On 24th April 2020, the Education Endowment Foundation (EEF) published an evidence-based report designed for school leaders and teachers to share what the evidence suggests on effective distance and online learning approaches. Their report derived a number of key conclusions:

  1. Teaching quality is more important than how lessons are delivered
  2. Ensuring access to technology is key, especially for disadvantaged pupils
  3. Peer interactions can provide motivation and improve learning outcomes
  4. Supporting pupils to work independently can improve learning outcomes
  5. Different approaches to remote learning suit different types of content and pupils

Considering the fifth point further, without appropriate differentiation and personalisation, school closures are likely to widen the attainment gap between disadvantaged and non-disadvantaged children. The annual learning loss experienced by pupils each summer is evidence for this. The vast majority of children decline academically over the long summer break, but for disadvantaged children the effect is particularly pronounced. Recent evidence suggests that the summer holidays might account for almost two thirds of the attainment gap between disadvantaged and non-disadvantaged at age 14 (Stewart et al., 2018).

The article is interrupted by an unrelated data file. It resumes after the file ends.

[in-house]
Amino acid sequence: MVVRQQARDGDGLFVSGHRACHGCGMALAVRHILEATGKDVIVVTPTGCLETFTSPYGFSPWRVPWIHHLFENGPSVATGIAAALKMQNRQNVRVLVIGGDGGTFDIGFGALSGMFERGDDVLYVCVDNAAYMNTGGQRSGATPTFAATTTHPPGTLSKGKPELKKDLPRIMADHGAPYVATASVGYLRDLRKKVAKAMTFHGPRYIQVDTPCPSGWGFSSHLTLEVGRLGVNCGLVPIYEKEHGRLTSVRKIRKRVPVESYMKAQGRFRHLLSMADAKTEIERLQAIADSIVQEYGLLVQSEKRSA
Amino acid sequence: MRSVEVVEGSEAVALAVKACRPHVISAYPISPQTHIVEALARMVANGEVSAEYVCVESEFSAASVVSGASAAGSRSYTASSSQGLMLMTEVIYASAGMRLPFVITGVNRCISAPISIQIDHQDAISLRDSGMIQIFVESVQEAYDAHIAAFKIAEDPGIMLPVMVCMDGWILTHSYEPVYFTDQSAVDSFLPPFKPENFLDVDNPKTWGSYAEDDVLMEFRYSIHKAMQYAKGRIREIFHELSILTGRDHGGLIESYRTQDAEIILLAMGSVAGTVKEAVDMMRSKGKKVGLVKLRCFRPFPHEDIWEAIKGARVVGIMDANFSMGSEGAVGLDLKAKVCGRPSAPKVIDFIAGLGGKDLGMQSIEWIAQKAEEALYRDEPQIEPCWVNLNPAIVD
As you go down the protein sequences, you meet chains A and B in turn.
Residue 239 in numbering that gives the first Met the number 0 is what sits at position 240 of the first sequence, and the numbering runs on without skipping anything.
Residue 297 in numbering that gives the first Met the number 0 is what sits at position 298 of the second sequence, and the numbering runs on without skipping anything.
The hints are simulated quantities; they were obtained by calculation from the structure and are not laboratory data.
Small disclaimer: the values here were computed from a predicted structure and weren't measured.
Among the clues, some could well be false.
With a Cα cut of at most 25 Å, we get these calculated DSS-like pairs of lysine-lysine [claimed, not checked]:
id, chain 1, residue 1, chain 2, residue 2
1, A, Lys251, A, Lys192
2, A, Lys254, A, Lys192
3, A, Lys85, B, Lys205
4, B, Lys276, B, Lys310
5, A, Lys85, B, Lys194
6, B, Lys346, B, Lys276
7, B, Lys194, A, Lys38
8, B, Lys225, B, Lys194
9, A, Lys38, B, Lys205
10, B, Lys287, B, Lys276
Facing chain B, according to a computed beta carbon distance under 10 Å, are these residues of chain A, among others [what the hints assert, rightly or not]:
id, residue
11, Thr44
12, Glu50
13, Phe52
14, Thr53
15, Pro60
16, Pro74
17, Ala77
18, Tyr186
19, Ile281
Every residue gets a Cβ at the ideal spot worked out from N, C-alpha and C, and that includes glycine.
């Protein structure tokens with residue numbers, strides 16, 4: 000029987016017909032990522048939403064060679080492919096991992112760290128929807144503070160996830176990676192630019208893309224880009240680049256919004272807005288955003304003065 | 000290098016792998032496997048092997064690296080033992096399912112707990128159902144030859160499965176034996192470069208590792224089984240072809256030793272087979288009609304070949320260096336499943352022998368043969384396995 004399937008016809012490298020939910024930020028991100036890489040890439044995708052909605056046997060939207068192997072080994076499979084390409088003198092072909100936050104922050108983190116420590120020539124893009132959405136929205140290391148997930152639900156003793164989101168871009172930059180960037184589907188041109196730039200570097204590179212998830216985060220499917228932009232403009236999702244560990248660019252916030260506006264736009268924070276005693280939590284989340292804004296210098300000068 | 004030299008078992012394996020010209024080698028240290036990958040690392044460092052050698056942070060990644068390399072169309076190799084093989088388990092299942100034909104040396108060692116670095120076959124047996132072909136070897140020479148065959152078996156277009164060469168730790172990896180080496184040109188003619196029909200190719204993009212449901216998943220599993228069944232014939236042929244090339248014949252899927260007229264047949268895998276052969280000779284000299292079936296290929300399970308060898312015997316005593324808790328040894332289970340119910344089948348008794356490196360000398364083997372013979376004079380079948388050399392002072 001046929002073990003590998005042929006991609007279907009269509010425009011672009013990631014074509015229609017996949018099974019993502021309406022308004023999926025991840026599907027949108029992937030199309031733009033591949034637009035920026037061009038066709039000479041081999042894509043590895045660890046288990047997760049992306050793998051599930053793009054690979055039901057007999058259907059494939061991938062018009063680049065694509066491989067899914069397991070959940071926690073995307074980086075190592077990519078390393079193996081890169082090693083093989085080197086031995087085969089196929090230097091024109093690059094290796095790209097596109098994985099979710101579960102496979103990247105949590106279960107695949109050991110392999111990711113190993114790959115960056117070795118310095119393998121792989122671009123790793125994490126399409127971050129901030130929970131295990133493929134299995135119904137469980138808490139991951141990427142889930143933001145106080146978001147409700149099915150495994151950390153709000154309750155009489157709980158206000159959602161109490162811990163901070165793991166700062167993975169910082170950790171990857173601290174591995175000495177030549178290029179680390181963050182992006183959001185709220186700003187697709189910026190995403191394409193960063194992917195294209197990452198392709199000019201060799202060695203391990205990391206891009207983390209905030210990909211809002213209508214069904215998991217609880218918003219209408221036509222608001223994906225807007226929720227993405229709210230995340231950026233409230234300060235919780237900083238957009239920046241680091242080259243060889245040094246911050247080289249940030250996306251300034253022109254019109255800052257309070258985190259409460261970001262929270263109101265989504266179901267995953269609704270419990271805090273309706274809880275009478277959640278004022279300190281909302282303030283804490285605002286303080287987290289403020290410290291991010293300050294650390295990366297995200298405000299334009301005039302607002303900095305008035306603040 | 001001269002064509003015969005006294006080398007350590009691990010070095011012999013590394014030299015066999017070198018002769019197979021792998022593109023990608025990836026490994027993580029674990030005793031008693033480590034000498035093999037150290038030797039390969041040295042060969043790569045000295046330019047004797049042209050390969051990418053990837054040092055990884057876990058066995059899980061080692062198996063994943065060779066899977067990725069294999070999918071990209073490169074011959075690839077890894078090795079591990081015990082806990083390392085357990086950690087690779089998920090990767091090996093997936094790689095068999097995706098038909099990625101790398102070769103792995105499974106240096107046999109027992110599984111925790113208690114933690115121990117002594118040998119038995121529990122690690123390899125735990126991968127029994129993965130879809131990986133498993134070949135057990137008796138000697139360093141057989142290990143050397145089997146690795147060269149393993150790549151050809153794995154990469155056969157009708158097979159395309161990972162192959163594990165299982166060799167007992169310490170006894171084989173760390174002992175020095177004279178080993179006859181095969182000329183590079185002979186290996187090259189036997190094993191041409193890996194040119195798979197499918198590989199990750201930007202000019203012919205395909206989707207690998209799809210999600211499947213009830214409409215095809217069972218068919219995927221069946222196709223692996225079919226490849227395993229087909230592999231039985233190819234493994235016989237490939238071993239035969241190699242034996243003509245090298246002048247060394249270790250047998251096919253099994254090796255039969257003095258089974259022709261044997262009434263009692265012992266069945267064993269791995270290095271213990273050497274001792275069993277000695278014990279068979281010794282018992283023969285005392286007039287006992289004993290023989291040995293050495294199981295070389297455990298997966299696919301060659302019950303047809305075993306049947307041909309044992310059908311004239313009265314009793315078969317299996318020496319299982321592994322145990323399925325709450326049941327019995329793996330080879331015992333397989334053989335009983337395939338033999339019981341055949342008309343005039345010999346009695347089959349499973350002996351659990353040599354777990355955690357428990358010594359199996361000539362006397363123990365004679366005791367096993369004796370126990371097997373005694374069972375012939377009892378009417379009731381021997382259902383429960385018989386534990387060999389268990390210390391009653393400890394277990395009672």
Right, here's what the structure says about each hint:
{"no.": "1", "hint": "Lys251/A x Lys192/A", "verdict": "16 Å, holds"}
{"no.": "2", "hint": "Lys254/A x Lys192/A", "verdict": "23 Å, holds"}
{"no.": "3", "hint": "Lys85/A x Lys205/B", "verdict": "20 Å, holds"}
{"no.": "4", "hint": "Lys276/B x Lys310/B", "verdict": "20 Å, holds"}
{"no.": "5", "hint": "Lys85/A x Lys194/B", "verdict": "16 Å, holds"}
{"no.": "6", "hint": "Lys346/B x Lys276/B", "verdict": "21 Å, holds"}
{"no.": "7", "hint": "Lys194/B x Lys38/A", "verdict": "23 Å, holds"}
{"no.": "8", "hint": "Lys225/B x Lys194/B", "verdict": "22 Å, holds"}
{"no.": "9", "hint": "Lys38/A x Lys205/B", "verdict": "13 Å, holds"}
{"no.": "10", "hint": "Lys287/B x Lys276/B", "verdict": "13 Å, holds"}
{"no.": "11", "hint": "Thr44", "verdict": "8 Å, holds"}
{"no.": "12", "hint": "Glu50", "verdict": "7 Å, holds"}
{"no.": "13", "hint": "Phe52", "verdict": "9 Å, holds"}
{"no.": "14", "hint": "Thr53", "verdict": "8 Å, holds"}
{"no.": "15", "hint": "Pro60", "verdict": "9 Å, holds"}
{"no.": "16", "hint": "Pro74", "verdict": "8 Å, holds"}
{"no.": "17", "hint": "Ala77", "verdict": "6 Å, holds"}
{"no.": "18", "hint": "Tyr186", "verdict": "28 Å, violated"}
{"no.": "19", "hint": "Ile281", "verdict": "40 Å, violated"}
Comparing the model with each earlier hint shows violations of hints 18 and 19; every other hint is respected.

Google Classroom, the backbone of our Virtual Learning Curriculum being delivered throughout school closure, can be a powerful tool to differentiate and personalise learning. Jennie Magiera, Google’s Global Head of Education Impact, has put together a 50 minute webinar with a focus on differentiated instruction and student experiences within a distance learning framework. Key ideas from this video are broken down into manageable chunks below. Each of the links provided plays the video from the relevant point of the webinar. The full version can be accessed via this link .

Presenting with captions on Google Slides